Lytham Hall

The site of Lytham Hall has a long and varied history. In the late 1100’s, the Benedictine monks of Durham set up a Priory which lasted until the mid-1500’s. After the dissolution of the monasteries, the crown gave the land to the Molyneux family. In 1606, Sir Cuthbert Clifton of Westby bought the land from the Molyneux family in order to build the first Lytham Hall, a large Jacobean mansion, much of which still exists today.
In 1752, Squire Thomas Clifton commissioned the renowned architect, John Carr of York.  After 5 years on the drawing board, the foundations were laid in 1757. Carr completed the Hall in 1764. No expense was spared and Carr employed the Italian Giuseppe Cortese to produce fine plasterwork ceilings. Gillows of Lancaster were also commissioned to furnish the Hall with the finest quality fittings.
Some of the existing Jacobean buildings were used in the new design to create a Long Gallery, as well as servants’ quarters for key staff. This meant all 3 levels of the new Georgian Hall could be used exclusively for the family and guests. The Clifton family lived at Lytham Hall from 1606 until 1963. The last Squire, Henry Talbot de Vere Clifton (known as Harry), inherited the Lytham Estate in 1928. His father, John Talbot Clifton, was a great explorer and travelled the world over, bringing back many souvenirs. He was an avid hunter and had a love for taxidermy which filled the North Entrance and the rear staircase which led to his Billiard room.
Harry loved to gamble and drink. He was a socialite, mixing in high society in London, Los Angeles, Monte Carlo and other fashionable places across the globe. In the early 1930’s he placed a $150,000 bet on a game of poker, losing the equivalent of $3,000,000 in minutes. This “English Aristocrat” made the press either side of the pond.
Harry became acquainted with the author Evelyn Waugh whilst at Oxford. Many claim that Waugh used his experience of Harry to develop the character of Sebastian Flyte in his Brideshead Revisited. Harry’s devout Catholic mother, Violet Clifton, entertained Waugh at Lytham Hall. It is also claimed she barred Waugh from ever visiting Lytham again, suspecting that the stern character of Lady Marchmain was based on her.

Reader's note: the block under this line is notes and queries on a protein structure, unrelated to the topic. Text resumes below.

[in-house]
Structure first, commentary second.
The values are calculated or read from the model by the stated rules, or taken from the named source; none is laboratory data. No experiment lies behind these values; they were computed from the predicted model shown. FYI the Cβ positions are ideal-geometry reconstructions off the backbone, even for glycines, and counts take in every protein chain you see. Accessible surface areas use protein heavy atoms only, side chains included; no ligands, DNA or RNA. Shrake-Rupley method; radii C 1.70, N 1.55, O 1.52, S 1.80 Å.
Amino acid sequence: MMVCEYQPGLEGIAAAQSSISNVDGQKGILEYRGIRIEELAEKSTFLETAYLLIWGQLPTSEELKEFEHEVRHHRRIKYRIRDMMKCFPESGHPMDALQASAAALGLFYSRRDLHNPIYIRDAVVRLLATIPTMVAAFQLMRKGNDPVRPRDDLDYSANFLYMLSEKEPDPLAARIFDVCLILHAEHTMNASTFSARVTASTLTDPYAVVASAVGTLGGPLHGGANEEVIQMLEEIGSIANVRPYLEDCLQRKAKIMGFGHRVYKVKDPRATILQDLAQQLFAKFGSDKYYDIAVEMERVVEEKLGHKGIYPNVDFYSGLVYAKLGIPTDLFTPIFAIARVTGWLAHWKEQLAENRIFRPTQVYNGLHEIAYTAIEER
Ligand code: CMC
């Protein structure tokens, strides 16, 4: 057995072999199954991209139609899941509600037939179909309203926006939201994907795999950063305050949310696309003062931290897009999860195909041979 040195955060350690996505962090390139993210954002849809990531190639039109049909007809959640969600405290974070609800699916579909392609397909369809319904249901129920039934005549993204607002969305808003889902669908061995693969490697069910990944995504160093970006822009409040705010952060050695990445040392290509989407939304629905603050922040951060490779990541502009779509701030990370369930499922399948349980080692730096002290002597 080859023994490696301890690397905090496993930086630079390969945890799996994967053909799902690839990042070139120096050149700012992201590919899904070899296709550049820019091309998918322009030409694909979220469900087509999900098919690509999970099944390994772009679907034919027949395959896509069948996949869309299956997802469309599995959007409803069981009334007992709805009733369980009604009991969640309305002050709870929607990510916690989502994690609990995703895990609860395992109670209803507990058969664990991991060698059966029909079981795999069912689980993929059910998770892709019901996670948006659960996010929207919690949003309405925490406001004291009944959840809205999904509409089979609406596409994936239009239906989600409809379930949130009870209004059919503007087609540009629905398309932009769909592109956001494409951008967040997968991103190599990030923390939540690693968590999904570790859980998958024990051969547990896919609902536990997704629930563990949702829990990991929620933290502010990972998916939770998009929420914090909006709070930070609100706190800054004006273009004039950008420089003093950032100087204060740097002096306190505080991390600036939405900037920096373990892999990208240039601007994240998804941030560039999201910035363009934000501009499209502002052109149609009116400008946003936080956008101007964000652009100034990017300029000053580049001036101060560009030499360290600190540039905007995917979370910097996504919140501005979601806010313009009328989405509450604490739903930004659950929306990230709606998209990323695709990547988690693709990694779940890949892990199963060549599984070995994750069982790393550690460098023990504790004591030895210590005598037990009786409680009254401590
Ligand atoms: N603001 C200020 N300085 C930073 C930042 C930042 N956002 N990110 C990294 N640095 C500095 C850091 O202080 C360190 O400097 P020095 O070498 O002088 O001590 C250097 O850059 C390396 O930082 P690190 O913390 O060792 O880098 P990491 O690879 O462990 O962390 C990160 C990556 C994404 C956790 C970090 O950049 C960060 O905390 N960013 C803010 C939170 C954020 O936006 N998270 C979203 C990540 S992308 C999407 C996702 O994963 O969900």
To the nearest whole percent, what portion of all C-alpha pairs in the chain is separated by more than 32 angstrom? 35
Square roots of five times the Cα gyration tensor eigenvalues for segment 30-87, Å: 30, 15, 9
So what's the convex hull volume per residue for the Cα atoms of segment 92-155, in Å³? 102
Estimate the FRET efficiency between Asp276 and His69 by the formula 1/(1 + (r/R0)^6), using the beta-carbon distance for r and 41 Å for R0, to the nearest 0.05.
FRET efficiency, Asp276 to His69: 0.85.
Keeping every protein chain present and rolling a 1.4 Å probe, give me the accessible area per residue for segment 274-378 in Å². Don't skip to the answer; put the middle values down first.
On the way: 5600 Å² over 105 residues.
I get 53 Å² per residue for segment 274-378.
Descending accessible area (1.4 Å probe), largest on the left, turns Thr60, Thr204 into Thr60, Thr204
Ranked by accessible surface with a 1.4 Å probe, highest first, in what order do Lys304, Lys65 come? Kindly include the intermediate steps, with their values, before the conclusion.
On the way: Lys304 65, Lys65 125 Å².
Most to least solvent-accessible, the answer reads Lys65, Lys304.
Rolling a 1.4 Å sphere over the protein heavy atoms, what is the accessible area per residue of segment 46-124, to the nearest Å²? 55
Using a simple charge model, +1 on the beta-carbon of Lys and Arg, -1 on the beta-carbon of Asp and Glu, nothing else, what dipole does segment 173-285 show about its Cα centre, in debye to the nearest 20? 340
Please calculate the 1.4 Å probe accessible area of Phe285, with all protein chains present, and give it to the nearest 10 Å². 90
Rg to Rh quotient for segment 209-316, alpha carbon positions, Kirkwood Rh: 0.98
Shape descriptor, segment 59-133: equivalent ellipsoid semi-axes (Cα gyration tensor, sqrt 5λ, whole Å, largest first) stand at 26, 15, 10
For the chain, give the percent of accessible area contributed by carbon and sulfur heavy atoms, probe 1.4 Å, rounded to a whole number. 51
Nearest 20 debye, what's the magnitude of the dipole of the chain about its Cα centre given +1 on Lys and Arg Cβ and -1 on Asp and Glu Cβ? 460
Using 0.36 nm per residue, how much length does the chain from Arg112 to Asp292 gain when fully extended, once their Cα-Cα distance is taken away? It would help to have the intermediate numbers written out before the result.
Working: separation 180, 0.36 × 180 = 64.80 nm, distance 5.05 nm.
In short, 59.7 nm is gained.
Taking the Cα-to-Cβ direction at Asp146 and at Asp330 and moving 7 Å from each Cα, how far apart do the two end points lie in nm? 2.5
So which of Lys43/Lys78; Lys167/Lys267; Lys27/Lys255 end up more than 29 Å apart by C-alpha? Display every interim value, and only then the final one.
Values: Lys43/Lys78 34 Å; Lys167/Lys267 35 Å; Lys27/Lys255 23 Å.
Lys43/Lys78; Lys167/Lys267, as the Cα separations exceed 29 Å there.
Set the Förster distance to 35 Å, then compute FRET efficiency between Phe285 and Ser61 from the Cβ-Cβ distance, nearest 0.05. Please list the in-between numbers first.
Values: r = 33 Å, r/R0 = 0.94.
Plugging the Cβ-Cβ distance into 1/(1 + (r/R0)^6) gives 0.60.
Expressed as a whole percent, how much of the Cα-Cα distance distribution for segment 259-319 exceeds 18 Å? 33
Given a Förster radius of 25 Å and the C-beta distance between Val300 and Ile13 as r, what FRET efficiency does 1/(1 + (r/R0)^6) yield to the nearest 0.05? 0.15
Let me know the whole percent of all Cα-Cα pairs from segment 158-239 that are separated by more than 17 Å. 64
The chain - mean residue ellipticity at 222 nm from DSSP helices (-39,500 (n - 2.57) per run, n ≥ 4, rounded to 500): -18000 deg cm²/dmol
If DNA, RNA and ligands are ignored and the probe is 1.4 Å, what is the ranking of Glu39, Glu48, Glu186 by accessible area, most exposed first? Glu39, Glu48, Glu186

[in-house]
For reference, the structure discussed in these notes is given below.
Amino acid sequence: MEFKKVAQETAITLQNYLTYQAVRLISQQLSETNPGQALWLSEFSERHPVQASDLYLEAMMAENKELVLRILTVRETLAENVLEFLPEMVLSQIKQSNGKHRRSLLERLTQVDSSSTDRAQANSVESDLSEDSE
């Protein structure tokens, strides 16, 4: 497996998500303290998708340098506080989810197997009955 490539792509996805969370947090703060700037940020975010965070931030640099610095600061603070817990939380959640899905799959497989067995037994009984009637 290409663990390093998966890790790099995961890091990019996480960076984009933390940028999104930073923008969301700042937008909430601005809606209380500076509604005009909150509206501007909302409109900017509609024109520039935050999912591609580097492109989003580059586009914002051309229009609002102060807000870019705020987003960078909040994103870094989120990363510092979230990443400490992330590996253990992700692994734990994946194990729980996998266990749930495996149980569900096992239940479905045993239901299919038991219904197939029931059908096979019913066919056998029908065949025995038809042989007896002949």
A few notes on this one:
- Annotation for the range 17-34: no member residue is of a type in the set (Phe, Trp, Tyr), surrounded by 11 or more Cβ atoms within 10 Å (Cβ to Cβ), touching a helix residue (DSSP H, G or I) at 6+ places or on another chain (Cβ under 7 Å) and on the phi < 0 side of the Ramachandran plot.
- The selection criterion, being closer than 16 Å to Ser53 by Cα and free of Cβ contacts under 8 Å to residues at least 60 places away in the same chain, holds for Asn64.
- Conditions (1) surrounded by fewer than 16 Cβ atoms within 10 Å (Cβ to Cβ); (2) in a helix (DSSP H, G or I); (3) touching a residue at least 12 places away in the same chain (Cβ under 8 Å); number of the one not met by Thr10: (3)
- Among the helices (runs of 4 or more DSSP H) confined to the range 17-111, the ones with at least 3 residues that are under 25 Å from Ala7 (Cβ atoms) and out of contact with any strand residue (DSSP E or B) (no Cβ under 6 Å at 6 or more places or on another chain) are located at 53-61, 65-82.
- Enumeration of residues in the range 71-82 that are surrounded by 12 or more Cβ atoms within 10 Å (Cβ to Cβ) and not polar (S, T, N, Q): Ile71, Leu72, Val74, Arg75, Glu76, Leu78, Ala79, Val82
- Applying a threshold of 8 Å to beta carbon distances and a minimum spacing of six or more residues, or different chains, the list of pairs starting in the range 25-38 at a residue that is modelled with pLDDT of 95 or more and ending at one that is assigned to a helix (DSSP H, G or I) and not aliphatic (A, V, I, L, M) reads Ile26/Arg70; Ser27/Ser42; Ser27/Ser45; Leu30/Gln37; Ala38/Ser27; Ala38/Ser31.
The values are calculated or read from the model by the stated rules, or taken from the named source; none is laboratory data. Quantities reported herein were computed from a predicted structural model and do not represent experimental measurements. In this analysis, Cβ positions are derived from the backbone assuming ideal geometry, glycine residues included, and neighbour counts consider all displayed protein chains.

Harry was mostly absent from Lytham Hall, only visiting his mother occasionally. Violet spent her time writing and produced numerous books.  Due to her devout Catholic faith, she spent many periods of time in convents after her husband’s death. Violet lived at the Hall until her death on the 20th November 1961.
After his mother’s death, Harry had amassed huge debts and substantially mortgaged the Lytham estate.  Much of the debt was to the Guardian Assurance Company who wanted to foreclose.  They came to an agreement and in 1963 the Lytham Estates passed into their ownership, bringing to an end four centuries of Cliftons at Lytham Hall.
Guardian Assurance used the upper floors as offices and the ground floor to entertain clients.  The West Wing was used for training and corporate events. In the mid 90’s they put the Hall up for sale. In 1997, Lytham Town Trust, with a huge donation from British Aerospace, secured the purchase and saved the Hall for the community. An agreement was drawn up between the Town trust and the Heritage Trust for the North West, to manage the Hall on a 99-year lease.
In recent years, the Hall has become a huge tourist attraction. It is the only Grade 1 listed building in the Fylde. Lytham Hall hosts events such as Lytham Proms, Lytham Club Day, Open Air theatre, Steam Fairs, Classic Car shows, Vintage bus days.
The Hall is home to the Clifton collection of family portraits, fine Gillow furnishings, Waterford crystal chandeliers, and a host of historic archives. The park and catering facilities are open 364 days a year. Recently a Garden Centre, Antiques and Reclamation Sales and an Animal Hub have been added to the attractions.
Lytham Hall boasts one of the largest volunteer groups of any stately home in the country and has around 18 full and part time staff. The Estate receives in excess of 100,000 visitors per year and has recently enjoyed TV fame with the likes of the BBC Antiques Roadshow, George Clarke’s “Old House, New Home”, and other broadcasts.
Whether for private functions, corporate events, concerts, themed nights, fairs, seminars, weddings, funerals, dinners, historical tours, training courses, TV and film location, music videos, Lytham Hall can more than likely host and cater for it!
The aim of the management team is to provide a sustainable operation whilst protecting the historic importance of Lytham Hall.  The Hall is a registered charity (508300) but receives no regular grants or funds for its upkeep.          Peter Anthony, General Manager

Lytham Hall

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